Novel Liquid Sorbents for CO2 Capture from Coal-Fired Power Plants "Advanced Separation and Capture Techniques for CO2 Produced by Existing Coal-Fired Power Plants

Award Information
Agency:
Department of Energy
Branch
n/a
Amount:
$99,647.00
Award Year:
2008
Program:
SBIR
Phase:
Phase I
Contract:
DE-FG02-08ER84956
Agency Tracking Number:
86138
Solicitation Year:
n/a
Solicitation Topic Code:
n/a
Solicitation Number:
n/a
Small Business Information
Reaction Systems, Llc
1814 19th Street, Golden, CO, 80401
Hubzone Owned:
N
Socially and Economically Disadvantaged:
N
Woman Owned:
N
Duns:
196231166
Principal Investigator:
David Wickham
Dr.
(720) 352-2716
wickham@reactionsystemsllc.com
Business Contact:
David Wickham
Dr.
(720) 352-2716
wickham@reactionsystemsllc.com
Research Institution:
n/a
Abstract
The world-wide demand for power is increasing while petroleum feed stocks are rapidly being depleted. Although known coal reserves could satisfy the world¿s energy demands for the next 60 years, coal is also a large producer of CO2, and its use could result in increased climate change. While amine-based CO2 capture techniques have shown promise, the energy needed to regenerate the solvent increases the thermal input requirement of the power plant by about 40%. This project will develop a novel CO2 scrubbing solution that has a high capacity for CO2 but requires little or no thermal energy for desorption. Overall, this process could capture 90% of the CO2 in the effluent of a coal-fired power plant without increasing cost by more than 25%. In Phase I, laboratory-scale experiments will be carried out to size the scrubber and stripper, and characterize the loading under representative conditions. Phase II will optimize the process and construct a pilot scale demonstration rig that will be used on the slip stream of an operating power plant. Commercial Applications and other Benefits as described by the awardee: A cost effective method for CO2 capture should find immediate commercial application in coal-fired power plants, particularly as more emphasis is placed on reducing CO2 emissions. The system should become the preferred technology for the 4,000 power generating plants that currently use coal.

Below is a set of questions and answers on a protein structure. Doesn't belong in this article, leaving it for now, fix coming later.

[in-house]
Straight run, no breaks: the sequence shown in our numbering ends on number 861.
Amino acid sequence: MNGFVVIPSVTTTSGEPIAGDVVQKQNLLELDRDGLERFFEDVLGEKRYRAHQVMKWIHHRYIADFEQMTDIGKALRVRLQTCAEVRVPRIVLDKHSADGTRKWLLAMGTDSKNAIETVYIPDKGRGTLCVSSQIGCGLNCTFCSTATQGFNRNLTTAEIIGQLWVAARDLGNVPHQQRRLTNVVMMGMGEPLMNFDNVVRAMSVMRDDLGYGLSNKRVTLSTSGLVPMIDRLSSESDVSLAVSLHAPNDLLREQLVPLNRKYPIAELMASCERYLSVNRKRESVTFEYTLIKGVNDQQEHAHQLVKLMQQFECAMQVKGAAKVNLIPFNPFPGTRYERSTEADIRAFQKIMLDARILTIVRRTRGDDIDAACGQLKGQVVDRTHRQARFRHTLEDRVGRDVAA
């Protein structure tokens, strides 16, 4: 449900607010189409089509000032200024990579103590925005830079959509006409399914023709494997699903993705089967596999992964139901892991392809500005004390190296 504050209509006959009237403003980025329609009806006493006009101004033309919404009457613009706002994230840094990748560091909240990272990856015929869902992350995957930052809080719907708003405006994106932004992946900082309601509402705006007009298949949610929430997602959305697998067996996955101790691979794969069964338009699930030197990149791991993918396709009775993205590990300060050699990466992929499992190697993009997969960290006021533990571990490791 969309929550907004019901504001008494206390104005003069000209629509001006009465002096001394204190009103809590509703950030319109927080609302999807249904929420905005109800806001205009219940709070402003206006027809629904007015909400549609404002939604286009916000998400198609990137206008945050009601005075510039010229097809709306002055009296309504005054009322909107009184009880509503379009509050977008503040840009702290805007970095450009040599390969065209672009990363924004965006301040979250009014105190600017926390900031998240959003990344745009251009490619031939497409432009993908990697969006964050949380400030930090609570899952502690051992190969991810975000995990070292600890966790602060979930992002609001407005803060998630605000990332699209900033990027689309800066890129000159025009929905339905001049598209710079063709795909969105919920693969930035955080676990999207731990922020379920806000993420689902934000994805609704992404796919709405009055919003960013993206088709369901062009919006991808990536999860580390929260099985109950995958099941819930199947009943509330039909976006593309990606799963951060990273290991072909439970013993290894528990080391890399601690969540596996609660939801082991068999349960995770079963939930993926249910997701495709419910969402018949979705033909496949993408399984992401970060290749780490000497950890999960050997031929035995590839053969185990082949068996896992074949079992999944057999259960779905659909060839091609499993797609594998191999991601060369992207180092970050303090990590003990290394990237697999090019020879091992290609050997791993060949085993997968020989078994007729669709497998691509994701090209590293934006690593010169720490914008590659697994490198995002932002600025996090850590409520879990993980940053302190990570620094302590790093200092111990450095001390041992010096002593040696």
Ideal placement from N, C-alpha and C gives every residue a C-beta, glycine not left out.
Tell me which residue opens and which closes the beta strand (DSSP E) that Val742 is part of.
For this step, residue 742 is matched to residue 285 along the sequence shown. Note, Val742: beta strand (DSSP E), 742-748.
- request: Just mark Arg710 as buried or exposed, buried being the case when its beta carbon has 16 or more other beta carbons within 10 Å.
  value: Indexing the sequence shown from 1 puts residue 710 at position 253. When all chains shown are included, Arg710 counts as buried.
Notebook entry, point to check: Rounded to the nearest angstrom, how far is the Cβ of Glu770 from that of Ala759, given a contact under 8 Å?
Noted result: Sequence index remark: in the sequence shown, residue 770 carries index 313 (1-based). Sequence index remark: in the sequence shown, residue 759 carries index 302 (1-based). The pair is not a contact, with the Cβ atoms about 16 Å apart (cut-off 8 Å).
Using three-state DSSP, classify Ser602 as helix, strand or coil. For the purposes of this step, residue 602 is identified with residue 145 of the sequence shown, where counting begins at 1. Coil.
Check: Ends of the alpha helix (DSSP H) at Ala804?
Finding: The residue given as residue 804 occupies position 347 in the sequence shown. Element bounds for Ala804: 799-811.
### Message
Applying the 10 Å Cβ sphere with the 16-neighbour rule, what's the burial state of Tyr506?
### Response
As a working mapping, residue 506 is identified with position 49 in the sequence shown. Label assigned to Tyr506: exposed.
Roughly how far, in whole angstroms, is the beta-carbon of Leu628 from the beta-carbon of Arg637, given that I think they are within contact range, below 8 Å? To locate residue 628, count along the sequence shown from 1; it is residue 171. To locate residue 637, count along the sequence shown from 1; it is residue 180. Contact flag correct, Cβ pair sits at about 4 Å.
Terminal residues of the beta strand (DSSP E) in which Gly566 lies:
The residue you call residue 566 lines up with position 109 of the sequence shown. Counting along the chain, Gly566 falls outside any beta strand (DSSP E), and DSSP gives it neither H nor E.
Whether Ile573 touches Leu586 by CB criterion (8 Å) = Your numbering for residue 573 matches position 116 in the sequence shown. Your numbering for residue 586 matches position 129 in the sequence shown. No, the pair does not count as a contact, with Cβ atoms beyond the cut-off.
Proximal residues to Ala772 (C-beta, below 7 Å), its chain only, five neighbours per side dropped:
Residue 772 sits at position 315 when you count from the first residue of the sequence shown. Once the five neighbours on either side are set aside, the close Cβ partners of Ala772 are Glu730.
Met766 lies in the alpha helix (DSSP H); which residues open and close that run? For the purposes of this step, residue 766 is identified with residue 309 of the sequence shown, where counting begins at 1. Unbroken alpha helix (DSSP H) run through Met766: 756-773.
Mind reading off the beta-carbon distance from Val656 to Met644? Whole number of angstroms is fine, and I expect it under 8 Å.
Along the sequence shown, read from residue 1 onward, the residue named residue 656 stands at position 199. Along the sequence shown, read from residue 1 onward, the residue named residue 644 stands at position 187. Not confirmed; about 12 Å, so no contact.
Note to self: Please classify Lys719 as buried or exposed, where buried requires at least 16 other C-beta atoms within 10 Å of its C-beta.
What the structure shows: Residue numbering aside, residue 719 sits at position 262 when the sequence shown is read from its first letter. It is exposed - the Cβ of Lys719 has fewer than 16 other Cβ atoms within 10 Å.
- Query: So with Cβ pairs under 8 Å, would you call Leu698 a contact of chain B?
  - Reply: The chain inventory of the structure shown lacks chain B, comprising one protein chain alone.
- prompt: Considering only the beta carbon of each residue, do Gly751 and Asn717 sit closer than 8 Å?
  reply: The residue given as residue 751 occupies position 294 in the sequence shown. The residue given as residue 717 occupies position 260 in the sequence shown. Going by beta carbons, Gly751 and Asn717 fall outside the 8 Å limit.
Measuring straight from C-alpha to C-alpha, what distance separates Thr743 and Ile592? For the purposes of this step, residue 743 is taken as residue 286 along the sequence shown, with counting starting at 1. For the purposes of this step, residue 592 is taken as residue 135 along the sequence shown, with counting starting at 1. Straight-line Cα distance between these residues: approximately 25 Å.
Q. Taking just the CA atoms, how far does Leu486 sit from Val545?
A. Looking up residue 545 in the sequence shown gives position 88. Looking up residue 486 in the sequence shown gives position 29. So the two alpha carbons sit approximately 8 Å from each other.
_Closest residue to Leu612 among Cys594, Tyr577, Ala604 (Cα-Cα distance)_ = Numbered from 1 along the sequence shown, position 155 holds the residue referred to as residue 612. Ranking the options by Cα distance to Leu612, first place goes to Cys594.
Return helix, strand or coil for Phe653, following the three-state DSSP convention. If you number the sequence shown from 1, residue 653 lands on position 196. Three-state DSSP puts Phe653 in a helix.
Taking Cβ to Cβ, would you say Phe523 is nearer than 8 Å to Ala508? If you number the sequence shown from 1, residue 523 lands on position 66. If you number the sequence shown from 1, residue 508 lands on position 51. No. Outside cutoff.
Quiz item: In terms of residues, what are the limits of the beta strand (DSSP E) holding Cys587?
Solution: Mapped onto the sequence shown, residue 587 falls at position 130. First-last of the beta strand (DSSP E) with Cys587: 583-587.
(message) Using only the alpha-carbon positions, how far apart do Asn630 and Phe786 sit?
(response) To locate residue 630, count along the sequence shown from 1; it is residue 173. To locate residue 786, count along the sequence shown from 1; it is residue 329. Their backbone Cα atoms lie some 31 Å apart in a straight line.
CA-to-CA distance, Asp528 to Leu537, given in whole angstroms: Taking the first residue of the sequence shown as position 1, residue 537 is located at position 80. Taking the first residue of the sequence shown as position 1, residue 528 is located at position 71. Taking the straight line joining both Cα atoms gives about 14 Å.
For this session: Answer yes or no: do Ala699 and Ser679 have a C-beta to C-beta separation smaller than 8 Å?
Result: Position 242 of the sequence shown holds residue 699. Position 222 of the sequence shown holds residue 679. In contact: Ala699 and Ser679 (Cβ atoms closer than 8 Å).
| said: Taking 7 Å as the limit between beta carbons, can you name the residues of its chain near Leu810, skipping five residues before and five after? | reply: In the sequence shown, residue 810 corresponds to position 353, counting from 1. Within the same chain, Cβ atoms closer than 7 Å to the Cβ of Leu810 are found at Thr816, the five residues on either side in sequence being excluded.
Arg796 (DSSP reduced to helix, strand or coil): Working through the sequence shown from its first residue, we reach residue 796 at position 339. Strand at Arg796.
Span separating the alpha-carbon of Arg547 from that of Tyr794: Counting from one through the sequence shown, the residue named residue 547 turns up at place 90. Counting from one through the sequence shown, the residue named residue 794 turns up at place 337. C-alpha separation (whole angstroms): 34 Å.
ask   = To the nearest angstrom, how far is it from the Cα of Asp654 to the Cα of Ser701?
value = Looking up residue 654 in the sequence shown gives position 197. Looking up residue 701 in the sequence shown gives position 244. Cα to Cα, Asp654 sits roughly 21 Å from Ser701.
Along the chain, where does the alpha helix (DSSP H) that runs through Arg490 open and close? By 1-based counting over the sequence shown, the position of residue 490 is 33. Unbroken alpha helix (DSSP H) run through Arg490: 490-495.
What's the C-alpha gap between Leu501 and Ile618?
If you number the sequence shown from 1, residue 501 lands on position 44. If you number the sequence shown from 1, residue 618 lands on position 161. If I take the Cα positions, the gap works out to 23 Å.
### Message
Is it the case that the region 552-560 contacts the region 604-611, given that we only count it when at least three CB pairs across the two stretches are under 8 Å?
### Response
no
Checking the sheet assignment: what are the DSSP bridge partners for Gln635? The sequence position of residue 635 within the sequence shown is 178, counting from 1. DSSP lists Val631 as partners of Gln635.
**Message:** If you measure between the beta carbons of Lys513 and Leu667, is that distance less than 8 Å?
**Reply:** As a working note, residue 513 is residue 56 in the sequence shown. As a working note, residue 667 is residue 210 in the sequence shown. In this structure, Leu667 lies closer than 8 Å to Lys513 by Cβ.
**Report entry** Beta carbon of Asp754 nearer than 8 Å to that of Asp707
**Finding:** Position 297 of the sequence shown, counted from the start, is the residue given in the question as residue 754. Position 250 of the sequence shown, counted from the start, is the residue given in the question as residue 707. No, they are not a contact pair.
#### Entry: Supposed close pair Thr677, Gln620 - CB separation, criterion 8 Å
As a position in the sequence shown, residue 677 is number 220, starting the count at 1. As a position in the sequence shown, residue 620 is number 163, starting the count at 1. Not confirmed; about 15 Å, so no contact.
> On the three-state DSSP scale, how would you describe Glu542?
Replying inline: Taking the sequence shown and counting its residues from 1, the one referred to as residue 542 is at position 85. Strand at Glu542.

* information listed above is at the time of submission.

Agency Micro-sites

US Flag An Official Website of the United States Government